I guess the final reason for war to exist, is intimidation of the population. The trick has been known since Caesar's time - create an outside threat and then tell the people they have to obey you to be safe. *cough*PATRIOT act*cough*. It's really sad to see people still falling for it. But whether it would be necessary to go to these lengths to keep a population subdued in SR2070, I'm not sure. Things like George W. Bush being handed the election in 2001 would have sparked riots in many countries (and in the USA in the past), but didn't in the USA of today for the simple reason that everyone was too busy. There are jobs to hold down, mortgages to pay, children to run to school. I see pressure of work only being greater in SR2070 so there's already an effective method of preventing undue interest in politics on the part of the general population. Likewise, the SINless and the urban warzones of the Barrens serve as useful threats to keep the educated Middle Class in line.

So on balance, I think we probably wouldn't be seeing large traditional militaries in SR2070, though perhaps they linger on for now, until the corps have things slightly more under control. It's been a tumultuous time and probably nobody knows when the next big event will come. But if another decade passes without large-scale warfare, then I see everything moving toward a militarisation of the police, rather than a big standing army.

My 0.02 (IMG:style_emoticons/default/nuyen.gif)

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Malicant
post Mar 25 2008, 12:41 PM
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QUOTE (knasser @ Mar 25 2008, 01:30 PM) *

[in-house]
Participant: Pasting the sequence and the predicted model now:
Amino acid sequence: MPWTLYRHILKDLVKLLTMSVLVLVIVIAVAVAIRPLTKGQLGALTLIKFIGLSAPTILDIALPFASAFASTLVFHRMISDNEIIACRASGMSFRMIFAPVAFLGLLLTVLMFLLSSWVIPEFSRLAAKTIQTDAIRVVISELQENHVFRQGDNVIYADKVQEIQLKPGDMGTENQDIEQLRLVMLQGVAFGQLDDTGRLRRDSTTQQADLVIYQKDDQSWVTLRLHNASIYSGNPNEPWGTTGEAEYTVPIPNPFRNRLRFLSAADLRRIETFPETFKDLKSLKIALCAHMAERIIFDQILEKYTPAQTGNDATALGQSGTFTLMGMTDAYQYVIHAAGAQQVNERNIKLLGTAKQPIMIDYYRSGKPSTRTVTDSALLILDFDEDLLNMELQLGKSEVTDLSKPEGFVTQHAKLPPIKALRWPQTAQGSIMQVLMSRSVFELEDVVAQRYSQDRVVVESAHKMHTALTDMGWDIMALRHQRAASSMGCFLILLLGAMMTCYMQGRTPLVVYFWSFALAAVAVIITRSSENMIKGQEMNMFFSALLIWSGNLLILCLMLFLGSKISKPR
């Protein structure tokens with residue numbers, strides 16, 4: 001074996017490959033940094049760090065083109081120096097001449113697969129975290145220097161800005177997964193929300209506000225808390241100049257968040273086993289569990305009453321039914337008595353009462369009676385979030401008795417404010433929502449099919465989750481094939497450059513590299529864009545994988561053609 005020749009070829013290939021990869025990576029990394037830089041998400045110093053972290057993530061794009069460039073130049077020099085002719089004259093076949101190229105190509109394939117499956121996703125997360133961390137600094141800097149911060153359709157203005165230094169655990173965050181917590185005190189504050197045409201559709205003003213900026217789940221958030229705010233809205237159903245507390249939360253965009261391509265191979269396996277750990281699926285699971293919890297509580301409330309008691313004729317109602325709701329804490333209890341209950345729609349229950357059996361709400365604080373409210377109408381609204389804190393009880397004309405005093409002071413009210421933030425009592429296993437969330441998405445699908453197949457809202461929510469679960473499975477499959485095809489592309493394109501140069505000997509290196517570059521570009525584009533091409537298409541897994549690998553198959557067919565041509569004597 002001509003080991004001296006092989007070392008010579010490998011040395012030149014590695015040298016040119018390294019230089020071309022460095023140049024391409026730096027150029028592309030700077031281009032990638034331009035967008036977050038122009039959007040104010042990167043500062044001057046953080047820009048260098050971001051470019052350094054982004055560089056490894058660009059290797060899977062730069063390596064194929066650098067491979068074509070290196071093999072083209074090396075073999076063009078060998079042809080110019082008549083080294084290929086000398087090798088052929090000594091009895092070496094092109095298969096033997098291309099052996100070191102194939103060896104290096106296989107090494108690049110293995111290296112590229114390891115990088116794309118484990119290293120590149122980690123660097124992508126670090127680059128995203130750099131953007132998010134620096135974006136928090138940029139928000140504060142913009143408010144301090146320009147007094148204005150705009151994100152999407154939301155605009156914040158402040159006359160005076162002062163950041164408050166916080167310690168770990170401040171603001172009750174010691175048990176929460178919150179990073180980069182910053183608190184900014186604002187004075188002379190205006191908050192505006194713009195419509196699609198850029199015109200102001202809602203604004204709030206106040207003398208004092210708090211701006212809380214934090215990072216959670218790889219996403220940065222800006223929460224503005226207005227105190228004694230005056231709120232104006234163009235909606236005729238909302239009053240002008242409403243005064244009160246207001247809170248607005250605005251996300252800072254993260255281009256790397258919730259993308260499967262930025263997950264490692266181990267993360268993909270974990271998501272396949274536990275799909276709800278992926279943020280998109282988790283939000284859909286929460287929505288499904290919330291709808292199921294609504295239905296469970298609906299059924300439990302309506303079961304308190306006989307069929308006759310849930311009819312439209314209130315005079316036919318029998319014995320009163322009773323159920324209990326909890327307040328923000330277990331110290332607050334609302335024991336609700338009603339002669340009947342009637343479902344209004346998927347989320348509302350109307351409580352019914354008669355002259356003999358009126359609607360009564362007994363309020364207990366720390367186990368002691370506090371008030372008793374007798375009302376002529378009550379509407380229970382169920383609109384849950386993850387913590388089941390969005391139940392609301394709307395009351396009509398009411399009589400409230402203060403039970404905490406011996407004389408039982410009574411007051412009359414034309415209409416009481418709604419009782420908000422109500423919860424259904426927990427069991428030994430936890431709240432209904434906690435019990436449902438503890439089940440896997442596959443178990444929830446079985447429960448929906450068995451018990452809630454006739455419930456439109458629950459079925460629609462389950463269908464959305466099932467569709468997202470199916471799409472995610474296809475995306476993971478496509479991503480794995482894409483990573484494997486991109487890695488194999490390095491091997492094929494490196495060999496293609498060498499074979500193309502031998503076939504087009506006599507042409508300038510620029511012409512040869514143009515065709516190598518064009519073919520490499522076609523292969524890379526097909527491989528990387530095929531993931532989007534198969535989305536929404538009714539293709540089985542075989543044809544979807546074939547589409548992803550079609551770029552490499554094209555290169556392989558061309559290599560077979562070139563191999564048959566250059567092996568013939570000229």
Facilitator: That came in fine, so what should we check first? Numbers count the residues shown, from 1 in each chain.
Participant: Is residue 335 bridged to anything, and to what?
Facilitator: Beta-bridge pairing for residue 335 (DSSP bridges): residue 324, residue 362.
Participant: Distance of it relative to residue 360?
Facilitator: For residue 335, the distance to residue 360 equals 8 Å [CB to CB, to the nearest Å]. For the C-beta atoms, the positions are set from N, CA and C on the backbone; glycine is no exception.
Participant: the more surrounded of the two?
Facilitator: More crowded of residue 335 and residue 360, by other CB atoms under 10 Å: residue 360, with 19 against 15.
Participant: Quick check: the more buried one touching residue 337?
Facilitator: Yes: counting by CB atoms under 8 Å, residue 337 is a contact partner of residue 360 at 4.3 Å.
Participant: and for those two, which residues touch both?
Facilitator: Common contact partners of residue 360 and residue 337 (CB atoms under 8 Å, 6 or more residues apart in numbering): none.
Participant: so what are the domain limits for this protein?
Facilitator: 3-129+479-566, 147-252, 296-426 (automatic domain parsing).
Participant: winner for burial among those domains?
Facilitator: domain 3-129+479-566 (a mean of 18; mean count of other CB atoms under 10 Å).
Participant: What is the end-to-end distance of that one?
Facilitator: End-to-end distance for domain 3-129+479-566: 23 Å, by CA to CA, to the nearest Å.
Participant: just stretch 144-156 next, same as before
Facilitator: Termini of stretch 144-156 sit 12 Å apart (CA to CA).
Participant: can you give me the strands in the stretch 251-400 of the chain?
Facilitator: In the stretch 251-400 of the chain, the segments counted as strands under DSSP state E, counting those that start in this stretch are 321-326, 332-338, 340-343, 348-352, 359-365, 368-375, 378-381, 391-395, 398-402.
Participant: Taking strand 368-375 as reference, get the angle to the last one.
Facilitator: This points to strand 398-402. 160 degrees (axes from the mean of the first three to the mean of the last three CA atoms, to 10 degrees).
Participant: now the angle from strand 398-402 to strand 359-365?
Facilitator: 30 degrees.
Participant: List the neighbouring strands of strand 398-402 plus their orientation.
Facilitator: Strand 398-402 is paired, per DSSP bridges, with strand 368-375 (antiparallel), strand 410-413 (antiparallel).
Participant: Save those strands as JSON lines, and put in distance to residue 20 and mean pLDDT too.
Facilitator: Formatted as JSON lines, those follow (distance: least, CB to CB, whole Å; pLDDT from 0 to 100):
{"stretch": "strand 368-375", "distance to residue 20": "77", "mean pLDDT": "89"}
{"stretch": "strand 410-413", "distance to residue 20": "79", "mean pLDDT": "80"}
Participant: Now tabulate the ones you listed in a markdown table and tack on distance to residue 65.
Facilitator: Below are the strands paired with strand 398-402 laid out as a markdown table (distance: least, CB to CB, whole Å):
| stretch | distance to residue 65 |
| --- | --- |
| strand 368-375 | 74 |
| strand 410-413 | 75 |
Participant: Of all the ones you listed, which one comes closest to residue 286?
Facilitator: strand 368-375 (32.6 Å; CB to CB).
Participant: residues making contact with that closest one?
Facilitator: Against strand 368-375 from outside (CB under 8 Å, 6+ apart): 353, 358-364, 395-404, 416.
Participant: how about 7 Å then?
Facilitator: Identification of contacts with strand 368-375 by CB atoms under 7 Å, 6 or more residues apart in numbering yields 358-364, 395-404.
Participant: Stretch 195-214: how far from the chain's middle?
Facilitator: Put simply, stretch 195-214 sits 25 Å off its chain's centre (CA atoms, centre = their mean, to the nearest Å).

It's a general principle that shooting people to make them like you does not work. The reason lessons have not been learnt from Vietnam, Afghanistan, Iraq is that the only valid lesson to be learned - i.e. "we don't want to be ruled by you" - is one that runs counter to the aims of the invader in each instance.

I don't know, Northern Afghanistan seems pretty stable even with foreign military around. So it looks like you can rule people without shooting them, if you bullshit them into believing they are in control.
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Fuchs
post Mar 25 2008, 12:52 PM
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In northern America, there were the invasions of California (from the Tir, Aztlan, Imperial Japan and then the PCC) and the invasion of Texas. In Europe, there were the Eurowars. Russia has had separatists and the Eurowars. China broke up and seems to be unstable. Japan had its philipines conflict. Africa's a mess, as usual.

I don't see any major industrial power in Shadowrun not having a large army given that history, and the threats all around the borders.
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Fleming
post Mar 25 2008, 12:52 PM
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I don't believe that the military will have significantly better equipment than the megas. Several reasons for that:

1. Rules and regulations.